|MadSci Network: Earth Sciences|
The "skin effect" is called... The Skin Effect. Perhaps you are thinking
of "Faraday Shielding", which is an entirely different process? The Skin Effect applies
only to changing electric currents, including AC power transmission, radio signals,
brief impulses, and even light. There is no skin effect for continuing currents, if you have DC, then
the charge flows throughout the entire wire. Skin effect depends on conductivity of the metal and
on frequency of the current. The "skin depth" for poor conductors (brass, water, etc.) is much larger
than for good ones (copper, silver, etc.) Also, the "skin depth" for low frequency is larger than for high.
Lightning is an impulse current, so the Skin Effect usually does cause much of the current
to be on the outer surface of a metal cage. However, "hot" lightning, the type that sets fires, lasts for half a second (sometimes up to 1.5 sec!), and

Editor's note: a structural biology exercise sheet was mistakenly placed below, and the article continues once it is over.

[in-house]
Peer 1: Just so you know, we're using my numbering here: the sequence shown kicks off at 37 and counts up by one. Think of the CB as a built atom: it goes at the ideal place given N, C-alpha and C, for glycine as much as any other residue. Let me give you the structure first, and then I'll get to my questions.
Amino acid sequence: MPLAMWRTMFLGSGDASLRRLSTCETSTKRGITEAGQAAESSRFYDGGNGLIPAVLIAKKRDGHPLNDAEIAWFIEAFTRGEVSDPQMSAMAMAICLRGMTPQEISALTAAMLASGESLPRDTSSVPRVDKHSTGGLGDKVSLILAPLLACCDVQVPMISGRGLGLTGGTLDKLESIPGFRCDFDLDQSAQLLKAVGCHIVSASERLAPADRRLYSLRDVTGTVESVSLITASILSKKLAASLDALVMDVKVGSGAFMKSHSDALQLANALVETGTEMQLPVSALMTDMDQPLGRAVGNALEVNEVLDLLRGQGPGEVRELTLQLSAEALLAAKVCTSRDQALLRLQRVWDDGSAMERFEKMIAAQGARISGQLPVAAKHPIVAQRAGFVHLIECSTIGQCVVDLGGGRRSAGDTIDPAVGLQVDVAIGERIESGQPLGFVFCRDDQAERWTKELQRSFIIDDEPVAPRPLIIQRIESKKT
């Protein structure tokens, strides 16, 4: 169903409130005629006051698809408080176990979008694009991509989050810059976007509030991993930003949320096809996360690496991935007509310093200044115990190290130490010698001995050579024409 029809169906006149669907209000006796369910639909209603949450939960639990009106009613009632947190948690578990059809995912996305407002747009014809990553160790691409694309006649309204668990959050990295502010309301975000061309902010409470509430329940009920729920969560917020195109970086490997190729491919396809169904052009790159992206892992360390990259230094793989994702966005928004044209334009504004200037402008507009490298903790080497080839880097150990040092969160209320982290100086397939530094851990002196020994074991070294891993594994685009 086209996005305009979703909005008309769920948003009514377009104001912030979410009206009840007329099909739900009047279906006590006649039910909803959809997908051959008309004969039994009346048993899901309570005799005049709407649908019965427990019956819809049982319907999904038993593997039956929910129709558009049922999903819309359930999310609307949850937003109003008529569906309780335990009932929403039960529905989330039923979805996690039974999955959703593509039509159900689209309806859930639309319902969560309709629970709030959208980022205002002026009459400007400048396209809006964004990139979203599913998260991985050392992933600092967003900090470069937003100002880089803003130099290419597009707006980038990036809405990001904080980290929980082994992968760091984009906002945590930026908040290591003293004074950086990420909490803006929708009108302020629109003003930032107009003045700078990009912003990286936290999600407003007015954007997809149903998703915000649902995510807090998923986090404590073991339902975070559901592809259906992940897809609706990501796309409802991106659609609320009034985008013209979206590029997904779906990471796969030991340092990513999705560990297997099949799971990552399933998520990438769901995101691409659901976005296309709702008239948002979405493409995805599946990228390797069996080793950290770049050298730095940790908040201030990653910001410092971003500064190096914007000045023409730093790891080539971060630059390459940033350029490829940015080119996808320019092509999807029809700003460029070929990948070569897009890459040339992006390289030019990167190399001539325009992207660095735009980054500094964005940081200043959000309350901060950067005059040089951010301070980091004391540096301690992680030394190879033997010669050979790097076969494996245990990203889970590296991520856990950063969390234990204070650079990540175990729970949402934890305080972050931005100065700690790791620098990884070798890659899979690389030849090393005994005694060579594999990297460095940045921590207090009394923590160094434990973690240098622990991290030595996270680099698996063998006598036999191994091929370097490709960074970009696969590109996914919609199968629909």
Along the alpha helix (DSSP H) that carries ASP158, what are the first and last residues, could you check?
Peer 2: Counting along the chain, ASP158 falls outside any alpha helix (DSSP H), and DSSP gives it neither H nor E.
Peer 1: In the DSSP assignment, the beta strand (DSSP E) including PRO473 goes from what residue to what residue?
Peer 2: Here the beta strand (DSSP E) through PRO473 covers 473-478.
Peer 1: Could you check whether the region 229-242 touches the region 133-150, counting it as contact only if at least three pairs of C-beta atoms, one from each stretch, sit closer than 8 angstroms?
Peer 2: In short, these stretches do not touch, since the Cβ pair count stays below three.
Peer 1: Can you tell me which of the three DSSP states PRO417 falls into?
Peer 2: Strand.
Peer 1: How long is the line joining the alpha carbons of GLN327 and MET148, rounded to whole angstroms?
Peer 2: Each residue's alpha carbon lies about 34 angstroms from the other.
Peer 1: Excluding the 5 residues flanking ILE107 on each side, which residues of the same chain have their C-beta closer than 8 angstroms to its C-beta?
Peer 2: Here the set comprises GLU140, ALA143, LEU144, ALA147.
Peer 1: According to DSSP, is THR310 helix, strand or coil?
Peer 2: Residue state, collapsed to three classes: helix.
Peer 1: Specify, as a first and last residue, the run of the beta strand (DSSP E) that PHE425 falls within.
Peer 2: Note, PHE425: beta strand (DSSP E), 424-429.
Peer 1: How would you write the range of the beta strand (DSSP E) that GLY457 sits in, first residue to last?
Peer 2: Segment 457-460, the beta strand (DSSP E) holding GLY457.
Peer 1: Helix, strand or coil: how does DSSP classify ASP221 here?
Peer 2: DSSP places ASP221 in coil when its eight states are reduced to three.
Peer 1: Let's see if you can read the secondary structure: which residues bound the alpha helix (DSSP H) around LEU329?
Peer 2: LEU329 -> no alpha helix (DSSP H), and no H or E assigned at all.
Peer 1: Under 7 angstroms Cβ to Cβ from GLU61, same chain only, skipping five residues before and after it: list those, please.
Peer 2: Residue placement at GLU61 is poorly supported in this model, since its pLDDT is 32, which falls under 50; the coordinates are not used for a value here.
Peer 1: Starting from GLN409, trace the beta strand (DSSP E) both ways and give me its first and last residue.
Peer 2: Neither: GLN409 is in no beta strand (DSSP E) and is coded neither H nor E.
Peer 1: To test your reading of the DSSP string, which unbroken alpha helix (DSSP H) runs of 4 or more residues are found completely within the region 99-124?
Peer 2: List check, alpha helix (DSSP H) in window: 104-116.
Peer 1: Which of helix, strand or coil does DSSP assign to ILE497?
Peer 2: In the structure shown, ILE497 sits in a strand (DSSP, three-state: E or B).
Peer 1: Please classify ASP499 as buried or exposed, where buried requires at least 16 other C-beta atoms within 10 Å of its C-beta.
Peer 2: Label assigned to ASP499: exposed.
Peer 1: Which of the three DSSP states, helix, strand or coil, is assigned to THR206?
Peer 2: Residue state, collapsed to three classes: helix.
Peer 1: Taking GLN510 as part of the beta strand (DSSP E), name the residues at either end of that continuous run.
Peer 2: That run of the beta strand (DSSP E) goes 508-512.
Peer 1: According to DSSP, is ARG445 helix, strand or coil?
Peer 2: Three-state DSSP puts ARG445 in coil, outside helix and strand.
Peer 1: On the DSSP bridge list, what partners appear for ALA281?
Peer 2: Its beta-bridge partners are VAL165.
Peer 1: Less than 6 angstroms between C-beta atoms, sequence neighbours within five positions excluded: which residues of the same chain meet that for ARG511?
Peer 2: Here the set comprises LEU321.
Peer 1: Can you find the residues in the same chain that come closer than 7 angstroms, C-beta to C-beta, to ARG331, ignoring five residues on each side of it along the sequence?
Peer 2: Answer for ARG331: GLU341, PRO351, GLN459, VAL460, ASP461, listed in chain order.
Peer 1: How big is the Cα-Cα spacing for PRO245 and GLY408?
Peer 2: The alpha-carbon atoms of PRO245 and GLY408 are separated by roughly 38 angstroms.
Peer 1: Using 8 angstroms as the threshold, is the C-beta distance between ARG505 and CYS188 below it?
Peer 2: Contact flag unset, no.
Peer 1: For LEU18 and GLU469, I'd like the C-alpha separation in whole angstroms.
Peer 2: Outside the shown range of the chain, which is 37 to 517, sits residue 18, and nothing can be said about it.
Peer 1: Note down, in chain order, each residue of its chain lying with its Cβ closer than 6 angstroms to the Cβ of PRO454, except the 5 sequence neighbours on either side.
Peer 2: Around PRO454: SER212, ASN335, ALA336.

for our purposes can be considered to be DC rather than impulse. If your car is struck by
a long-lasting "hot" lightning bolt, it will still act as protection mostly because the metal shell
is a far better conductor than the air inside. The path for current will be through the metal car body. If you were barefoot, and if the
upholstry was wet, and if you somehow soaked the ceiling and placed your hand
upon it, then a tiny portion of the total current *would* pass through you (and probably be deadly).
"Faraday Shielding" is an entirely different effect. When a conductive object is given a DC charge imbalance, the imbalance appears only on a molecule-thick skin, and the electrostatic fields only appear outside the object. Faraday shielding during a lightning strike only prevents your body from taking on an imbalanced charge. Your hair would not stand up, and there would be no corona discharges off your fingertips. But these effects aren't dangerous. Faraday shielding doesn't deal with currents, and its the current through your flesh which makes lightning dangerous.
Try the links in the MadSci Library for more information on Earth Sciences.